BuzzFeed Vs. “The New York Times”
Did content marketing kill American journalism?
For some time, leading news organizations have warned that the collapse of American journalism is bad for democracy. Some have cast about for a scapegoat, most recently landing on content marketers.
Who wins, journalism’s proponents ask, if everyone in the country has read “How Well Do You Know Taylor Swift’s Cat, Olivia Benson?” but no one knows the benefits and drawbacks of the Affordable Care Act a year after it was fully enacted?
It’s a good question.
The sad collapse of American newspapers over the past 10-plus years has created a vacuum; one that personal, professional, and corporate publishing platforms have rushed to fill — the most common being blogs like this one. The new self-publishing zeitgeist is captured in its purest form in the adage, “Every brand is a now publisher” — a gleaming promise on the horizon of potential and prosperity, if nothing else.
It takes real world form in multi-page advertorials by corporate America high fliers, from AT&T and Lexus to BP (formerly British Petroleum) — moves that, from-time-to-time, have stoked debates when done in bad taste or “Advertising” wasn’t clearly stamped across the header. Similar debates have bubbled to the surface about the appropriateness and labeling of “native ads,” and about a growing number of news and entertainment sites that combine social curation and original reporting, BuzzFeed and The Daily Beast among them.
Influence in journalism
It’s also found its way into mainstream media through funding partnerships with corporations like the nonprofit Kaiser Family Foundation and through the collapsing wall that once separated, more or less, the news side of journalism from the marketing side, even at iconic publications like Time.
But in a class all its own (at least that I’m aware) is Chevron’s (unbranded) online newspaper, The Richmond Standard, which hired a real/former? (I’m not even sure what to call him) editor/reporter to cover Richmond, Calif. with the explicit understanding (wink, wink, nod, nod) that he wouldn’t bite the energy-conglomerate hand that feeds him. The move evokes a return to the days of the Dearborn Independent, when Henry Ford decided to buy a newspaper so that he could fill it with anti-semitic screed. If that doesn’t scare the crap out of Americans, nothing will.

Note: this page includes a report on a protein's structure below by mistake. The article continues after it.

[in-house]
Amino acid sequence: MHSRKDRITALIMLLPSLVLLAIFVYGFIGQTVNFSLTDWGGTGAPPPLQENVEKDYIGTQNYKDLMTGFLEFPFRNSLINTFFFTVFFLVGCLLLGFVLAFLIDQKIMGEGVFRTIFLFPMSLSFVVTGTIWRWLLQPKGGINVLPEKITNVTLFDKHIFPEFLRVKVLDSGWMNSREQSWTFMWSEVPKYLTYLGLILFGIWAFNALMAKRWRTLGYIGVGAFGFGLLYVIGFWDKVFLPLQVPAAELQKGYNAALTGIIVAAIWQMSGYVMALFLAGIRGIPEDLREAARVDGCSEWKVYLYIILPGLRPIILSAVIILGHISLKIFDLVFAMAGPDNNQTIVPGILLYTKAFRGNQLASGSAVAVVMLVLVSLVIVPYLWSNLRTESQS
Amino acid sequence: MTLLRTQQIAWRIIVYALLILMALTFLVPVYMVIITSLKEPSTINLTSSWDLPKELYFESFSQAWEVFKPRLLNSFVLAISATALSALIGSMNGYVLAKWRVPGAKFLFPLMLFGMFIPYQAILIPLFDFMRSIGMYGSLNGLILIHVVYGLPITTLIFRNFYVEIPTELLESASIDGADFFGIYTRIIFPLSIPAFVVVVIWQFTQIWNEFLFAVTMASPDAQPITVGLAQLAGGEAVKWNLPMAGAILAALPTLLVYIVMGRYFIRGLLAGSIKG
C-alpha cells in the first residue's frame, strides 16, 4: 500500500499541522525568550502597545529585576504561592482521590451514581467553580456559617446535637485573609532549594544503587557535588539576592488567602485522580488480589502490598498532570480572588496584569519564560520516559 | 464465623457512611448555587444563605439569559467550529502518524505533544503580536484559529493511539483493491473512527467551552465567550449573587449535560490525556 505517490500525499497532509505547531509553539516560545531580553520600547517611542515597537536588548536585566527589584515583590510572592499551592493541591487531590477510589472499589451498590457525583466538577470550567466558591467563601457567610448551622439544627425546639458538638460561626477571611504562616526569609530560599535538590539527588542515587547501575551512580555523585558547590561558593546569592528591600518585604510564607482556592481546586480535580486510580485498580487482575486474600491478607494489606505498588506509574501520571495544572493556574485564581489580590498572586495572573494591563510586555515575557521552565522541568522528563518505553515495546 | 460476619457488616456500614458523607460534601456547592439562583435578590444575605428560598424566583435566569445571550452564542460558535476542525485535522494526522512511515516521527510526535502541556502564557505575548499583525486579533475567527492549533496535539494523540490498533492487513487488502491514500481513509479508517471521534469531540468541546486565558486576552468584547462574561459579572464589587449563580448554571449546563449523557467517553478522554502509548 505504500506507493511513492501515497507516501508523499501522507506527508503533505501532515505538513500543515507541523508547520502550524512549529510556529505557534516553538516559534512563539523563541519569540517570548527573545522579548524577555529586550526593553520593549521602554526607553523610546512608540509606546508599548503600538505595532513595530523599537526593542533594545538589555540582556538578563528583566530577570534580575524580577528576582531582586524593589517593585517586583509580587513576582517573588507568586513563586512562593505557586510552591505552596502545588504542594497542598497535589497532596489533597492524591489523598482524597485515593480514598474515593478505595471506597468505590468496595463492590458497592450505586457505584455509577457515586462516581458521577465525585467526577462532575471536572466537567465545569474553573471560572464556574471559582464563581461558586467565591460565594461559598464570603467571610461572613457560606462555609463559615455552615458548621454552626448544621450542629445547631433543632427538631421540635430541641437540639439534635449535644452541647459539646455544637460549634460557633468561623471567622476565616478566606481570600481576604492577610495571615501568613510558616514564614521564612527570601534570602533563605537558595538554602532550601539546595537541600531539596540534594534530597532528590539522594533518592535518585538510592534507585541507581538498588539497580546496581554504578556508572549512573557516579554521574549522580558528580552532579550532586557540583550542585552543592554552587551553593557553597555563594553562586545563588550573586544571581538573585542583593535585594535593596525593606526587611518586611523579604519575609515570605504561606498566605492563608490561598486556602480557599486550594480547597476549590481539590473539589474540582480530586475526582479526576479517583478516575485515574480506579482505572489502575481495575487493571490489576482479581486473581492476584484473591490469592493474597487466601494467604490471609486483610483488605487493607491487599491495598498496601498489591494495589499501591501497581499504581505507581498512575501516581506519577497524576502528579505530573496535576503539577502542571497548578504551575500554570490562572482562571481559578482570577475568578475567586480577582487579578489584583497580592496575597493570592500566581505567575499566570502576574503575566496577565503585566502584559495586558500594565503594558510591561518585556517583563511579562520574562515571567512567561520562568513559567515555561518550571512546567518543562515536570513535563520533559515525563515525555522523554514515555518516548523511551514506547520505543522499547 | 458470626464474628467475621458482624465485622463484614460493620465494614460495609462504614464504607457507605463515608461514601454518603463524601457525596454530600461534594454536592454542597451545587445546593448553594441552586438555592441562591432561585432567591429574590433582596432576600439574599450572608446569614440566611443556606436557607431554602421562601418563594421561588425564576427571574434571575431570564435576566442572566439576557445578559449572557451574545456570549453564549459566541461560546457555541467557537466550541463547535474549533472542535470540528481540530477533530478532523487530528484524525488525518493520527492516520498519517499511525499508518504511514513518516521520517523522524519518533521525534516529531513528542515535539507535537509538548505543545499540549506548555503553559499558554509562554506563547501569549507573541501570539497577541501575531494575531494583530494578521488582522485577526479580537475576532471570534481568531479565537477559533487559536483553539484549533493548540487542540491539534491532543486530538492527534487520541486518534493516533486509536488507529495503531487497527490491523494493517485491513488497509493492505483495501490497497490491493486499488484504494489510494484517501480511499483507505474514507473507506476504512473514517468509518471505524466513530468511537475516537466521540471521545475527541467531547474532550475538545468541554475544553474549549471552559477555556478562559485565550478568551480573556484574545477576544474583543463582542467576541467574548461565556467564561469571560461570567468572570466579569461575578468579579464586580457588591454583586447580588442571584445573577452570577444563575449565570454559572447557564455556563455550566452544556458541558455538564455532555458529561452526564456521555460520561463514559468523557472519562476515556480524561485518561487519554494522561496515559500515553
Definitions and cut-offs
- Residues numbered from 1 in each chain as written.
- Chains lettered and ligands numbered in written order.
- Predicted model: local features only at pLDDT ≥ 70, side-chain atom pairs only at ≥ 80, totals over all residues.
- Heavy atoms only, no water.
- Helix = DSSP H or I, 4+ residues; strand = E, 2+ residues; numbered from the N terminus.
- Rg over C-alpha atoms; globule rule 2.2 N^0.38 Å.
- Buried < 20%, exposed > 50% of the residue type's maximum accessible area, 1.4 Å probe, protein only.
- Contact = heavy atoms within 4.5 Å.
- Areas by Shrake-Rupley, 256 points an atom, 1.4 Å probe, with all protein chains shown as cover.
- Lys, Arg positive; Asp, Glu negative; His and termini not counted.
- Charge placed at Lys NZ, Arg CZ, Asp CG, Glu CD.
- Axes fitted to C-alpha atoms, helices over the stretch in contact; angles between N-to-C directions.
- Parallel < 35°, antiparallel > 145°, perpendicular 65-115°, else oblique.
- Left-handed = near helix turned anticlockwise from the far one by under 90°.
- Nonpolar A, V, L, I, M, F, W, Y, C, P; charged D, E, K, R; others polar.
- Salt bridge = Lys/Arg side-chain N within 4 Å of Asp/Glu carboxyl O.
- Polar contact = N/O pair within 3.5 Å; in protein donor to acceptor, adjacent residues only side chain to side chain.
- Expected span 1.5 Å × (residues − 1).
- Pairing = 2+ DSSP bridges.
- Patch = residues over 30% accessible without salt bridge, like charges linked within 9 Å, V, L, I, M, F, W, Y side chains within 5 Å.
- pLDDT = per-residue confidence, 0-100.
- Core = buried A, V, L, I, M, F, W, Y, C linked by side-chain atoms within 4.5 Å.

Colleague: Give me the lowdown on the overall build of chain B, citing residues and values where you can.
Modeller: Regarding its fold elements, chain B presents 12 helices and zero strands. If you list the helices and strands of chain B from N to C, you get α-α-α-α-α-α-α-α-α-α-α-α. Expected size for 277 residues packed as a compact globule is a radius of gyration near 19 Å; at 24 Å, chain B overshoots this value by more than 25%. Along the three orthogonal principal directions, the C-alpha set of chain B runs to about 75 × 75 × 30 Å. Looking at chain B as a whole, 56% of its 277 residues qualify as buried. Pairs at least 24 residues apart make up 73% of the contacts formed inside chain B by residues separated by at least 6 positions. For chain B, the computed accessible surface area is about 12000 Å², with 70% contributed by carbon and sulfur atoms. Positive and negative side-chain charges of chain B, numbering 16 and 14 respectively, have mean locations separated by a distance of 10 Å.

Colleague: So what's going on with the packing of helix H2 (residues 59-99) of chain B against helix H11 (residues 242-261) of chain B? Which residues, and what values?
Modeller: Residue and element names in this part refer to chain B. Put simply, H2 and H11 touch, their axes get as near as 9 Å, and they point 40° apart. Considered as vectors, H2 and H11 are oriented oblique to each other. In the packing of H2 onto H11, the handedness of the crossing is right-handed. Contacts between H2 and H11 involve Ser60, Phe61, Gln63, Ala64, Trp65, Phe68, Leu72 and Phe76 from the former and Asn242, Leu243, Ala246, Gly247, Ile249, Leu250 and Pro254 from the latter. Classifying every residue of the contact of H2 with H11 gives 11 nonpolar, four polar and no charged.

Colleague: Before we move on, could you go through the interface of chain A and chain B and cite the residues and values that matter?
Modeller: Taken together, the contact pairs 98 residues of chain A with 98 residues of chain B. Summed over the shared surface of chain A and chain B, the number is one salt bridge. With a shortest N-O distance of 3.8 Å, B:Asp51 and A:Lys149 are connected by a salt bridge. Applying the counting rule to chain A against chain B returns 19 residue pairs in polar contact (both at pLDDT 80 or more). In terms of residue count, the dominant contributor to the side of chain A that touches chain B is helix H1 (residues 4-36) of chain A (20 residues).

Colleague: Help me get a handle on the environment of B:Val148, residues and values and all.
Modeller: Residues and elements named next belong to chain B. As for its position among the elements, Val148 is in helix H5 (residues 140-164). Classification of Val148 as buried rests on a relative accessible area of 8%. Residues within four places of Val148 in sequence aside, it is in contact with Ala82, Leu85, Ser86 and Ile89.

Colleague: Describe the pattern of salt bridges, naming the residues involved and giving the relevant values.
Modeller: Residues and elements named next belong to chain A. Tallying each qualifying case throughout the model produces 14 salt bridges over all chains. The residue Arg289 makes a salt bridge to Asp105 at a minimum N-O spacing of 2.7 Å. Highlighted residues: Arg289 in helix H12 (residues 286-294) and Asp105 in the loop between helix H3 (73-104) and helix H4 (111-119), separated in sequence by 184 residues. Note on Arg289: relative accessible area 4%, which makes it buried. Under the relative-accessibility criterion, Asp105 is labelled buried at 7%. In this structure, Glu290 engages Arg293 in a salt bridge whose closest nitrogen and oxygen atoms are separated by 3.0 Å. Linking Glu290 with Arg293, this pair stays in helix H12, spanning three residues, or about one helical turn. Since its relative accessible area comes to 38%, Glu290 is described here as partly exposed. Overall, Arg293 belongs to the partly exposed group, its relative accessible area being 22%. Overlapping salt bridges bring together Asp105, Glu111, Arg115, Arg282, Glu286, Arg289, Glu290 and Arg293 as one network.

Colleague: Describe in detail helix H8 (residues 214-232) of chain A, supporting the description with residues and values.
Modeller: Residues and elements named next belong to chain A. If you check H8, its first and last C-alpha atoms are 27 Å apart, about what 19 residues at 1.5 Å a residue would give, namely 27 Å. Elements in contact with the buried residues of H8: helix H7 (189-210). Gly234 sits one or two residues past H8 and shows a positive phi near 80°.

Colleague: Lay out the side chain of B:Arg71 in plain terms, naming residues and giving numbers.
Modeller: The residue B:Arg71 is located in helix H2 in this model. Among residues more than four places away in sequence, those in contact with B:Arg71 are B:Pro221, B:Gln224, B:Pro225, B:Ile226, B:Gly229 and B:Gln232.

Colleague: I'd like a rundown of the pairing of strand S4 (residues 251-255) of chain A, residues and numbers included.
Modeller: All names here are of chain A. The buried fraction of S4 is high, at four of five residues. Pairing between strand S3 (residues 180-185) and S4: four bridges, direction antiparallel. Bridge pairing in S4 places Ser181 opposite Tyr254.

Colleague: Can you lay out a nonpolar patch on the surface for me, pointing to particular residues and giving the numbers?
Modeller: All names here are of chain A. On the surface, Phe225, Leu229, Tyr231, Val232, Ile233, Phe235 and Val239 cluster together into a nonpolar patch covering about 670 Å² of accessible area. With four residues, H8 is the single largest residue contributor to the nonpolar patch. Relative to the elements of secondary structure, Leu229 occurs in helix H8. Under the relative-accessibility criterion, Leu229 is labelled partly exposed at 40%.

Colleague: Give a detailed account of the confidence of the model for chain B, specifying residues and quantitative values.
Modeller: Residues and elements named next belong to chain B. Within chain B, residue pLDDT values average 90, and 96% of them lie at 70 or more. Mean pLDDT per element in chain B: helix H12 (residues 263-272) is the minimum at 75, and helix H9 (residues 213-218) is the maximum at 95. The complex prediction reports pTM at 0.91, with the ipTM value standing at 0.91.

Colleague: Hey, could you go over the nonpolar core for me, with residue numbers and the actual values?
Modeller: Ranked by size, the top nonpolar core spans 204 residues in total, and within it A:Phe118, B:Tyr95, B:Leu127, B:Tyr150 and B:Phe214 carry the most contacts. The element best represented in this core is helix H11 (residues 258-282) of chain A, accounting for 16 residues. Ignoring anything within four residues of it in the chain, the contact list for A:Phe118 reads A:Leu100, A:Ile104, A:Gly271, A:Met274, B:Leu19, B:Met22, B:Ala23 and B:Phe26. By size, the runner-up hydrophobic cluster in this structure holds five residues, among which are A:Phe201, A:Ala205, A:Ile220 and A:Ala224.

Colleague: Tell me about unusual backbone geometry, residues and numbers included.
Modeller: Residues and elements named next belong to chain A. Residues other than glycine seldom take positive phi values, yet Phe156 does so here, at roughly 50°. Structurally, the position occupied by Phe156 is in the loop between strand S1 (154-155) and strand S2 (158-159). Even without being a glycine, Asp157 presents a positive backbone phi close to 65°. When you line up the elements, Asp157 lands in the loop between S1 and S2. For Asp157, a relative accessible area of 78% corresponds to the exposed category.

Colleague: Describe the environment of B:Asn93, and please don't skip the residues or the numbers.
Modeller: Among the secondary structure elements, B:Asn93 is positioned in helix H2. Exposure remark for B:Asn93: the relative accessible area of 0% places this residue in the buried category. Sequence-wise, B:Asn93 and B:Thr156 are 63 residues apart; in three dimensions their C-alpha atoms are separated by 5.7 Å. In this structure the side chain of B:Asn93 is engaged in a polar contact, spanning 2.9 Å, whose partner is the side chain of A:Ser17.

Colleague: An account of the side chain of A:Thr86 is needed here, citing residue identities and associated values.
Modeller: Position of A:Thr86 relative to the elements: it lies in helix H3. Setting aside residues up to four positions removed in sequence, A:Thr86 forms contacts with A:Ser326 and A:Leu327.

So what is the threat to journalism? Is it content marketers and/or brand journalist, as some have suggested? That’s the gist of a series of recent attacks that blame them for driving journalism over a cliff, after all — attacks that are unfounded for several reasons, as I explained in a recent post. Content marketing is probably the least of the threats (if a threat at all) to journalism, consider the examples just cited — not to mention some I didn’t.
Follow the money trail
That brings us back to the question. Who benefits?
As a former San Francisco journalist, I was taught to follow the money. In every instance I’ve sited, business benefits. Business benefits. If that’s true, the debate between journalists and marketers is off base. It’s worse than that; it’s a diversion from the debate that, perhaps, we should be having about business, about ethics, about influence peddling, and, yes, about the roles of marketing and journalism.
What’s undeniable is that the content vacuum won’t be denied. As more people go online and mobile phones and wearable devices grow smarter, the demand will increase. The unyielding demands of consumers to have answers at their fingertips, and the advance of technology that allows marketers to serve ads based on a treasure trove of personal touchpoints, makes the future of content marketing and journalism more than secure. It makes them interdependent, just look the success of the Huffington Post and Mashable. The question is who can balance the “benefits.”
by Ed Carpenter — He’s a bad mutha … shut yer mouth.